I have people asking me fairly often about how I keep my health up. One of the ways I do this is through my diet, which includes a concoction of green smoothies that I have been drinking for years. I believe what we put into our bodies is a major factor in our overall health; our overall health is a major factor in our mental health and ability to deal with stress. It seems so obvious and yet nutrition’s importance is often ignored. So, this month’s message concerns nutrition – what a strange thing for a therapist to talk about !!!!.
Sign up for my newsletter today.
Importance of Diet
The role diet plays in affecting physical well-being is a known fact. The message has been delivered far and wide that we should eat plenty of fruits and vegetables and reduce our intake of sugar and trans fats. But in addition, the lesser known benefit of good nutrition is its powerful effect upon mental health.
The Lancet Psychiatry, a leading medical journal, recently published a paper written by an international scientists’ group (comprised of members from the International Society for Nutritional Psychiatry Research) concerning the link between good nutrition and mental health. It stated:
Although the determinants of mental health are complex, the emerging and compelling evidence for nutrition as a crucial factor in the high prevalence and incidence of mental disorders suggests that diet is as important to psychiatry as it is to cardiology, endocrinology and gastroenterology.
A crucial factor? That’s a strong statement and it is intentional. Studies over time have shown that while drug therapies have achieved a moderate reduction in the number of individuals suffering poor mental health, medication is not the only approach. Nutrition, as the statement from The Lancet Psychiatry article indicates, plays a part. Even though calorie intake has increased among most populations, people choose to consume nutrient-poor, energy-dense, highly processed foods. As a consequence, many individuals do not meet the recommended amounts of brain-essential nutrients, including B-group vitamins, zinc and magnesium. Studies have linked depression to low levels of key B vitamins.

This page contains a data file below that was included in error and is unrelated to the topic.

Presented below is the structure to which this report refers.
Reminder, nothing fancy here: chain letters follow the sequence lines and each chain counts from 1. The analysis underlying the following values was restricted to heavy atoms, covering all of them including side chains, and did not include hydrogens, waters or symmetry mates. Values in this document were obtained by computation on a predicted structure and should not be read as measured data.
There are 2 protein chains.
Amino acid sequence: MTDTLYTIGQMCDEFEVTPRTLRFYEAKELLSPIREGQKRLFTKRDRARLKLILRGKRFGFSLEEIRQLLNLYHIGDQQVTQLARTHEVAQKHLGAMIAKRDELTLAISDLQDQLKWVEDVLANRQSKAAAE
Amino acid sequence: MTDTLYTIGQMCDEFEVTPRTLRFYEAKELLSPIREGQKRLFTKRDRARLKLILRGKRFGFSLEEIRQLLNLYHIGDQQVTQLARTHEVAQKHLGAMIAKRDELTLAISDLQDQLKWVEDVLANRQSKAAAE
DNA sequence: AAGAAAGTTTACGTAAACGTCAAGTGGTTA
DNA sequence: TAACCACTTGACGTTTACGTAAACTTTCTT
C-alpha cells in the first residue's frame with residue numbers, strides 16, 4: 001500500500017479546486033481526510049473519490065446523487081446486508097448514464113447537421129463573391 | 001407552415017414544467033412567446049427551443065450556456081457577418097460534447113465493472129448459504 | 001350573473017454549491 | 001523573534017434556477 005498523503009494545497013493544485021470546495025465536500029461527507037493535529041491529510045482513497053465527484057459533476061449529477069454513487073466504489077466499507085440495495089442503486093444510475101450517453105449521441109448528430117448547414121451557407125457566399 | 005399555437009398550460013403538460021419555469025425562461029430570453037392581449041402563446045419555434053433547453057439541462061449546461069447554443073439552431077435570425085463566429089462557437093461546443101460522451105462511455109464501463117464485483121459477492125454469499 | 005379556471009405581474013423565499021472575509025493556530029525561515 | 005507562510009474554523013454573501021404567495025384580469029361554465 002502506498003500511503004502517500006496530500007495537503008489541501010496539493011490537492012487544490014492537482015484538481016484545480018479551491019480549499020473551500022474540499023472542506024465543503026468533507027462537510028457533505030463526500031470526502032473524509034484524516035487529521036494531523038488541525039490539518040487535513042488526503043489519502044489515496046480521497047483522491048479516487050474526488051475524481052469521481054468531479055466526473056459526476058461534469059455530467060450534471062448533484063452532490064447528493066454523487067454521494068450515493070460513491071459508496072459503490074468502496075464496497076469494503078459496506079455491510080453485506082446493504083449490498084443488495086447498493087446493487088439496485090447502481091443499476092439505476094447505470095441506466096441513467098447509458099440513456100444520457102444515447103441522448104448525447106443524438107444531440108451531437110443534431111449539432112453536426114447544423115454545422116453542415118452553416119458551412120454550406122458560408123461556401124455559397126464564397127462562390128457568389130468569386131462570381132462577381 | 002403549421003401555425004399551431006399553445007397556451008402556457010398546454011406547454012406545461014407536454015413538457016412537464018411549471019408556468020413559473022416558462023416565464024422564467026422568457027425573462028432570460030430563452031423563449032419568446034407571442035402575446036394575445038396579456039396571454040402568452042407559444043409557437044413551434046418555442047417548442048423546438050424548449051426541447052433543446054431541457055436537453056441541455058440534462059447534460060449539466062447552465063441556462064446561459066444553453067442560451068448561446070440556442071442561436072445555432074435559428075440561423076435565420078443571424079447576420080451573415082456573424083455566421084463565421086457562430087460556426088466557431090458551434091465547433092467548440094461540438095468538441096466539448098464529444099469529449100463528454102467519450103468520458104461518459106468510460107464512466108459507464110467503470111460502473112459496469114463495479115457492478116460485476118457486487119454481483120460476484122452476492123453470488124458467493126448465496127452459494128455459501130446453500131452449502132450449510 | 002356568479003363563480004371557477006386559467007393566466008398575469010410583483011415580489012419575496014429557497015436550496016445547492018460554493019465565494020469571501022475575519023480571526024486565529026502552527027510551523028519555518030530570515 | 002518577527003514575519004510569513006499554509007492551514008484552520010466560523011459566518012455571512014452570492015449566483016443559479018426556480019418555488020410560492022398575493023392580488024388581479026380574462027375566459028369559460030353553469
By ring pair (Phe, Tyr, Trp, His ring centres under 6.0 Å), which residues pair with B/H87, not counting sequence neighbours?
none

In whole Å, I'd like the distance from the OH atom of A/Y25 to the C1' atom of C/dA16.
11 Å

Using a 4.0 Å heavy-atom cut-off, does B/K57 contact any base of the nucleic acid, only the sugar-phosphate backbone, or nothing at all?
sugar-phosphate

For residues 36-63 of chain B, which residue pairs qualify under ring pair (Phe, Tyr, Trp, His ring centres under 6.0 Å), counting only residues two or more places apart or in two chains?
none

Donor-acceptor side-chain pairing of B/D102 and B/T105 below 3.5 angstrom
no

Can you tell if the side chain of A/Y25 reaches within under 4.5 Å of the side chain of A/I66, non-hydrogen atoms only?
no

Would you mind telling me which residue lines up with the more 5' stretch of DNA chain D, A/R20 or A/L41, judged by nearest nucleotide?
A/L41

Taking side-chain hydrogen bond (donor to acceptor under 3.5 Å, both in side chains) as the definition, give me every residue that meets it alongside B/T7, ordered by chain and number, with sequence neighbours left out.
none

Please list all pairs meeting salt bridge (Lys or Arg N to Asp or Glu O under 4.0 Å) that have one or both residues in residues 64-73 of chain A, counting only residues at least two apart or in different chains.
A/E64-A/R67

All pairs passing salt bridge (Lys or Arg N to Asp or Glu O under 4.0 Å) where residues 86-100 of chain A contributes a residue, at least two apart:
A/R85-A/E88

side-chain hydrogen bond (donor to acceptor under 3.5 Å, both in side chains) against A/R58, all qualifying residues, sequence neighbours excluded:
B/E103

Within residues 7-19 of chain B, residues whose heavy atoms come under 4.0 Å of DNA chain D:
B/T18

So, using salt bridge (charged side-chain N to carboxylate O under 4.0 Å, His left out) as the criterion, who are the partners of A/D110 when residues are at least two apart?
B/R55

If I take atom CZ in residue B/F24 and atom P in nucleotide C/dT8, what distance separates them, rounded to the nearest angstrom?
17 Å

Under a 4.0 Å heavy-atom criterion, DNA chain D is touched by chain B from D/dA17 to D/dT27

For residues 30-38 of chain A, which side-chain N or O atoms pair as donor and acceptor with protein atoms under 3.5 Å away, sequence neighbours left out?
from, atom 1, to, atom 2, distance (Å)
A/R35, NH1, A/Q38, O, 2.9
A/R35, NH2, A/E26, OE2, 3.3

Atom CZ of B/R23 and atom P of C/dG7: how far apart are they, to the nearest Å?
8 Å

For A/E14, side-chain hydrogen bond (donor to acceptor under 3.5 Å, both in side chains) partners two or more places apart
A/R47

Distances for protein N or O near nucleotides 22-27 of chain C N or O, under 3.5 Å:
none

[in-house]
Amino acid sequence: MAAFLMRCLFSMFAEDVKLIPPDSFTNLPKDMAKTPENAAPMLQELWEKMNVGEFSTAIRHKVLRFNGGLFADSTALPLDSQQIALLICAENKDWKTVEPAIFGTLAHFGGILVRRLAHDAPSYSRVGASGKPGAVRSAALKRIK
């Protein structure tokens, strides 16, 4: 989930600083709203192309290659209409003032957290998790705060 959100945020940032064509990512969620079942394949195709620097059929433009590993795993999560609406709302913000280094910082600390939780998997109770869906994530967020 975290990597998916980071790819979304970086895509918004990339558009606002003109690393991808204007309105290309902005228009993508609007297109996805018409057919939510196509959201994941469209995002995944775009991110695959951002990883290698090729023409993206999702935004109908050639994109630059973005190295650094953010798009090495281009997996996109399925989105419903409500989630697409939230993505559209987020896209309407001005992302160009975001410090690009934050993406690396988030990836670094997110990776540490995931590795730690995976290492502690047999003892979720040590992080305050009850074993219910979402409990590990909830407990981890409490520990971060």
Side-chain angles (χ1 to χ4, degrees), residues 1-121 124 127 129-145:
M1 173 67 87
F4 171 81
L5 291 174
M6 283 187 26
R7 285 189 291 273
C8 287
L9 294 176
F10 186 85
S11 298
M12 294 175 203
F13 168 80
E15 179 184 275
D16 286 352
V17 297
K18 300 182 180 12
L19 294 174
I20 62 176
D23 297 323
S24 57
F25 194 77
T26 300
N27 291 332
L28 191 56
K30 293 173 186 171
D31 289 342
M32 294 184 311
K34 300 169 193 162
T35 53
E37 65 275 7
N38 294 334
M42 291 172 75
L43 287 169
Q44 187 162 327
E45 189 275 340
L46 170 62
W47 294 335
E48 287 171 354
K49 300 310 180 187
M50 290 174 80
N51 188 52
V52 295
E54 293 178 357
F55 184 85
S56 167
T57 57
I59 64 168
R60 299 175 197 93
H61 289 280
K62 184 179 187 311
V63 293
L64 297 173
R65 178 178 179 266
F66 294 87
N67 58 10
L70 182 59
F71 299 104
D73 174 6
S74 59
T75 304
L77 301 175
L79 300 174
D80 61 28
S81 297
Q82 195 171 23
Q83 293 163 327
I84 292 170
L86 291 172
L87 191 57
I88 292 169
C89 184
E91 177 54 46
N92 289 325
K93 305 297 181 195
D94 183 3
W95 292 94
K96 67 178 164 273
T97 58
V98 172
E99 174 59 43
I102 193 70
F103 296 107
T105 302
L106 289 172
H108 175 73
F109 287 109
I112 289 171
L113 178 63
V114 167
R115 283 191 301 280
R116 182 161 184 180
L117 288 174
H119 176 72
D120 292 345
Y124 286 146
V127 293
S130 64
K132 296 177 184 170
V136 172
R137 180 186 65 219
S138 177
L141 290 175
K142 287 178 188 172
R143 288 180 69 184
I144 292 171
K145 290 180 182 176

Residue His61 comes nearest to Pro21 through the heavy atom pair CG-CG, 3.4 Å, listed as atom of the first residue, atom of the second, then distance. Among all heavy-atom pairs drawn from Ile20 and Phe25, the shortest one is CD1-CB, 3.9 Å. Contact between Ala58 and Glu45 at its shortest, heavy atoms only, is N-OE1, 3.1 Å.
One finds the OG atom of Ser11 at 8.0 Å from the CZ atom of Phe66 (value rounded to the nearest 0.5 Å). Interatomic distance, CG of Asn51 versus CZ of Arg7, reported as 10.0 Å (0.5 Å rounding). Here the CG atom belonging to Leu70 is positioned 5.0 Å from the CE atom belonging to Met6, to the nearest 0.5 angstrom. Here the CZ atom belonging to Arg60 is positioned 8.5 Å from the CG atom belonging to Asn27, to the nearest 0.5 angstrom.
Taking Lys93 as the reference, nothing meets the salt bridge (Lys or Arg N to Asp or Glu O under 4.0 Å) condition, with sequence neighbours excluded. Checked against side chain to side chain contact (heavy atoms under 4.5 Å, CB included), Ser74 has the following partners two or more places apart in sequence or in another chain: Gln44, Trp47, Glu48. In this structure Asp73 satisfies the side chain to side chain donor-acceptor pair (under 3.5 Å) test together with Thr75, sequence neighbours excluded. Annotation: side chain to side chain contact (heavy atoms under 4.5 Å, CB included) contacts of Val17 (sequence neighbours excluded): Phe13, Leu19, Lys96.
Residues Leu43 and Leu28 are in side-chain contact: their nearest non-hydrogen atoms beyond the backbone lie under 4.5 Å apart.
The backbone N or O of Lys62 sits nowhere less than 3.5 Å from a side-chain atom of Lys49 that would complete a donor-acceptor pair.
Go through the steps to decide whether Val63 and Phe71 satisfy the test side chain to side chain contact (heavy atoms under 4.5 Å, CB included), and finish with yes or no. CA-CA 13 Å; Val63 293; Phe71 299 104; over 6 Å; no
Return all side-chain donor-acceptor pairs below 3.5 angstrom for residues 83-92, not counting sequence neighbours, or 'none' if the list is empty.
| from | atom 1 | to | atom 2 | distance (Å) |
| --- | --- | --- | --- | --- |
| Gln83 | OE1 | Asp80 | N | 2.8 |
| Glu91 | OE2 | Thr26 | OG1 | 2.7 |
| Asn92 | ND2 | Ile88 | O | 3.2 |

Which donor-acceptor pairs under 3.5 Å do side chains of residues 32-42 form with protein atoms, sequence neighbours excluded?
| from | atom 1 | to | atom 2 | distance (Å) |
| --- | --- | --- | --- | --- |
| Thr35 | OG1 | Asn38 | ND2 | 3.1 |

Poor nutrition can affect the brain’s metabolic rate and its ability to adapt and repair. It may also affect the body’s immune system adversely.
Whole-Food Diet Recommended
To provide the nutrients that protect against mental disorders, a traditional, whole-food diet, consisting of higher intakes of foods such as vegetables, fruits, seafood, whole grains, lean meat, nuts and legumes, with avoidance of processed foods is advocated. For example, omega-3 fatty acids, found in oily fish, such as salmon and sardines, are classified as complementary treatment for depression, according to the American Psychiatric Association.
Andrew Weil, M.D., world-renowned pioneer and leader in the field of integrative medicine, which encompasses mind, body and spirit, said that diet is the only major determinant of health that is completely under the individual’s control. “You cannot always control the other determinants of health, such as the quality of the air you breathe, the noise you are subjected to, or the emotional climate of your surroundings, but you can control what you eat. It is a shame to squander such a good opportunity to influence your health.”
I encourage all of you to influence your physiological health by improving nutritional choices. You are invited to start now by trying the Smoothie recipes I’m sharing in my newsletter. ~ MK